MIT Uses Your Phone's Sensors to Predict Its Movement And Keep Your Network Connection Steady

No Service! Argh!

Flickr user dbrulz123

The need for more consistent cell reception has led to some major, expensive efforts from wireless carriers--they might spend hundreds of millions of dollars on a new 4G network, or billions to acquire a competing carrier. But MIT has developed a way to use existing hardware found in many smartphones, like the GPS sensor, accelerometer, and gyroscope, to simply make connections smarter--improving the reliability of connections by as much as 50%.

One of the most enduring problems of maintaining a wireless connection, whether it's 3G, 4G, or Wi-Fi, is what's called the "handoff." Individual wireless access points like a cell tower or Wi-Fi router have a limited radius within which a device can connect to them. In the case of 3G or 4G towers, the idea is to have those radii overlap, so you're never without service, but that means at some point you'll have to "hand off" from one tower as you move more fully into the radius of another.

The way that's done now is very simple: Your phone connects to the tower or access point with the strongest signal. But that simplicity can lead to some very sloppy handoffs, during which you might lose your service and drop a call. This is particularly problematic when using Wi-Fi, which has a comparatively small radius of signal. If you turn on your phone while walking, you'll connect to the strongest signal. But what if you're actually walking into the radius of another access point? You'd be better off connecting to that one first, even though it might not be the stronger of the two signals, because then you'd avoid having to disconnect from the first signal and reconnect to the second.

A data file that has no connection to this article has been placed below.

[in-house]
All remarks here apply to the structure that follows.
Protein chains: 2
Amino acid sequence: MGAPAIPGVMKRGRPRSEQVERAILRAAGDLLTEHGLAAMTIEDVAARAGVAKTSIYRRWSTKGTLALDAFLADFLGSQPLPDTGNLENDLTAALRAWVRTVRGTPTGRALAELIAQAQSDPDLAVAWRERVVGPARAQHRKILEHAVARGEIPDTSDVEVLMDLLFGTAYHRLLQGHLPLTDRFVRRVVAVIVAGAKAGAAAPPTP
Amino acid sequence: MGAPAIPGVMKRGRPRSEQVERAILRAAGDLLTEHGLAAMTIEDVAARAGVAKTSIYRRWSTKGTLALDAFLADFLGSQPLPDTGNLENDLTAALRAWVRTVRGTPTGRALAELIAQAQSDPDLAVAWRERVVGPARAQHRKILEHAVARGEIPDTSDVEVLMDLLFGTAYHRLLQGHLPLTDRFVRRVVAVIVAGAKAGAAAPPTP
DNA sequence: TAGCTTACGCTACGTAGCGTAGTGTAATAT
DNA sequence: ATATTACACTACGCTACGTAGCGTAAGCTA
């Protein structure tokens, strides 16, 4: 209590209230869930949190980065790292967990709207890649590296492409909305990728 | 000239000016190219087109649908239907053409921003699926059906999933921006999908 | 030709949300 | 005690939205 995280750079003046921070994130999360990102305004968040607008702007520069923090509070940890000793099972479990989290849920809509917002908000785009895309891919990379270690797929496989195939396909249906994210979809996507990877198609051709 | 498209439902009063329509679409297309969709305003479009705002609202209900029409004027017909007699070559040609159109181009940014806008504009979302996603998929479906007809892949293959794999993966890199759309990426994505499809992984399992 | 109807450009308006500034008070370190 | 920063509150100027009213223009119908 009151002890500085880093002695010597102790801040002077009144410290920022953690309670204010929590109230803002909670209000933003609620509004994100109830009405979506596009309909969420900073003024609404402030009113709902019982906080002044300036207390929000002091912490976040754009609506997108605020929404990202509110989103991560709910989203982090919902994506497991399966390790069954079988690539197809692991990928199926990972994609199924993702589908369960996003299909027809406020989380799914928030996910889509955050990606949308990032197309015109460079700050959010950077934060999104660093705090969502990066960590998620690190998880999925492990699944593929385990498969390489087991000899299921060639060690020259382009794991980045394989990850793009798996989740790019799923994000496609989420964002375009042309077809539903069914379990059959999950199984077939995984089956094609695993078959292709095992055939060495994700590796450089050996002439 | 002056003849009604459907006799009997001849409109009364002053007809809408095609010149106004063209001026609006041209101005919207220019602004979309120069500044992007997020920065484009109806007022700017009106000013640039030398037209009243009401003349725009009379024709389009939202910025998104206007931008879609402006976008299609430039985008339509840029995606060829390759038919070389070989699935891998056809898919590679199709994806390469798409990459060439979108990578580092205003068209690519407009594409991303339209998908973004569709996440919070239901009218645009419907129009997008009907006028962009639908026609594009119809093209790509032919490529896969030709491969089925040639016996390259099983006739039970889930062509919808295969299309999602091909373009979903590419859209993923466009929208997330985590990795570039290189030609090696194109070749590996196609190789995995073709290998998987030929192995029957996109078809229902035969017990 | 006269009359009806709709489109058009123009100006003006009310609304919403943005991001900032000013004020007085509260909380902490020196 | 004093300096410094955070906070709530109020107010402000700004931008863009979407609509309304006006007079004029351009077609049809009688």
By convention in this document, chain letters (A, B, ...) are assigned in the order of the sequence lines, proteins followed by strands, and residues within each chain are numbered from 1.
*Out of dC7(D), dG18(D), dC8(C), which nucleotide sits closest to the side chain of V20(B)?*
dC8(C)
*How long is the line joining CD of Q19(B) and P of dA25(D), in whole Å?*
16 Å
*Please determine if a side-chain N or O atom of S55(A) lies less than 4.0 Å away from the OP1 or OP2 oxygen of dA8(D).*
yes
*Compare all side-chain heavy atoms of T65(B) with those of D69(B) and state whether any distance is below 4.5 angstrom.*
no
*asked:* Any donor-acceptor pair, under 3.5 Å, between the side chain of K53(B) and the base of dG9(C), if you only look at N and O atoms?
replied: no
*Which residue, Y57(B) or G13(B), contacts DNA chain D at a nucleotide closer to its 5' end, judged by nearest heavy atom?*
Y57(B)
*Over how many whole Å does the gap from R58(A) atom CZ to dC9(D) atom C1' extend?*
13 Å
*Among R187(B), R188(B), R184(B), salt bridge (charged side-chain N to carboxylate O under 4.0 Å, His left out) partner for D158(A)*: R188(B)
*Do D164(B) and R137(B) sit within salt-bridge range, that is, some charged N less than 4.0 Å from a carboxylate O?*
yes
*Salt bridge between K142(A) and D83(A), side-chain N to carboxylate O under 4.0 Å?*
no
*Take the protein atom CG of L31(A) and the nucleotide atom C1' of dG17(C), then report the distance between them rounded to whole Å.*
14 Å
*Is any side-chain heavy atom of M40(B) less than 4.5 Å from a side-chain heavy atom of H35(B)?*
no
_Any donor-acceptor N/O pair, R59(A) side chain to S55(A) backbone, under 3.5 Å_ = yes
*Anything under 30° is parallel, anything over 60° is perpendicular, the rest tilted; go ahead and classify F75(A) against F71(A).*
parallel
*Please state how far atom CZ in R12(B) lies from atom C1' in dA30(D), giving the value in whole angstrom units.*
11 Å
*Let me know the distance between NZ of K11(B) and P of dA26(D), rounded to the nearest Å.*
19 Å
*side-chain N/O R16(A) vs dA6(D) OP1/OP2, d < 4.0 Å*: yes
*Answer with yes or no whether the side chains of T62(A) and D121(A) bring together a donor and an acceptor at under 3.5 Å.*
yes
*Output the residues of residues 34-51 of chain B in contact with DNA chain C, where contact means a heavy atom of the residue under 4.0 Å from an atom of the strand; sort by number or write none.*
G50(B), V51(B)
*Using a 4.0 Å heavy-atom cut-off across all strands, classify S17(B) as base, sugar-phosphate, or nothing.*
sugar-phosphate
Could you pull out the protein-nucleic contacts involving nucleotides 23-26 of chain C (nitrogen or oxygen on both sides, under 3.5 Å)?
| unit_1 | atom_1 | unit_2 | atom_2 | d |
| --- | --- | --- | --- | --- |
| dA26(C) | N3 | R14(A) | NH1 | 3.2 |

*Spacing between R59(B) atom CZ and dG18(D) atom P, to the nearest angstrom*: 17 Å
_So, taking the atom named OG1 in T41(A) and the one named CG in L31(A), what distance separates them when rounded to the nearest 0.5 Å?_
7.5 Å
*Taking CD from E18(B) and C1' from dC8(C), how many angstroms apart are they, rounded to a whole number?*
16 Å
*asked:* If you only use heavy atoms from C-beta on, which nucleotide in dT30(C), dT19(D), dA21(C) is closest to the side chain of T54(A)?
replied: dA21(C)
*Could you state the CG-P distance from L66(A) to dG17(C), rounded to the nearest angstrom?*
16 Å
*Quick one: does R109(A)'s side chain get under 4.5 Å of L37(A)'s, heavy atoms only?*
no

A group of MIT researchers have created a way to use the GPS, accelerometer, and gyroscope found in many, if not most, smartphones to make smarter connections. By sensing your movement and predicting where you're heading, it can connect to the access point that makes the most sense. In tests, a cellphone using this system switched connections about 40% less frequently than it ordinarily would, which is better for both signal and battery life.

A caveat: These tests were carried out using Wi-Fi networks, which have a very small radius and have a much more pronounced handoff than, say, a 3G network. It seems likely that a 3G version of this system would have a much smaller effect: It's much harder to predict movement across the huge radius of a 3G tower, and handoffs tend to be much smoother, anyway. But that's not to say the system wouldn't help at least a little, and it's very cool that the project uses hardware that's already found in the phones, rather than requiring some sort of hardware upgrade.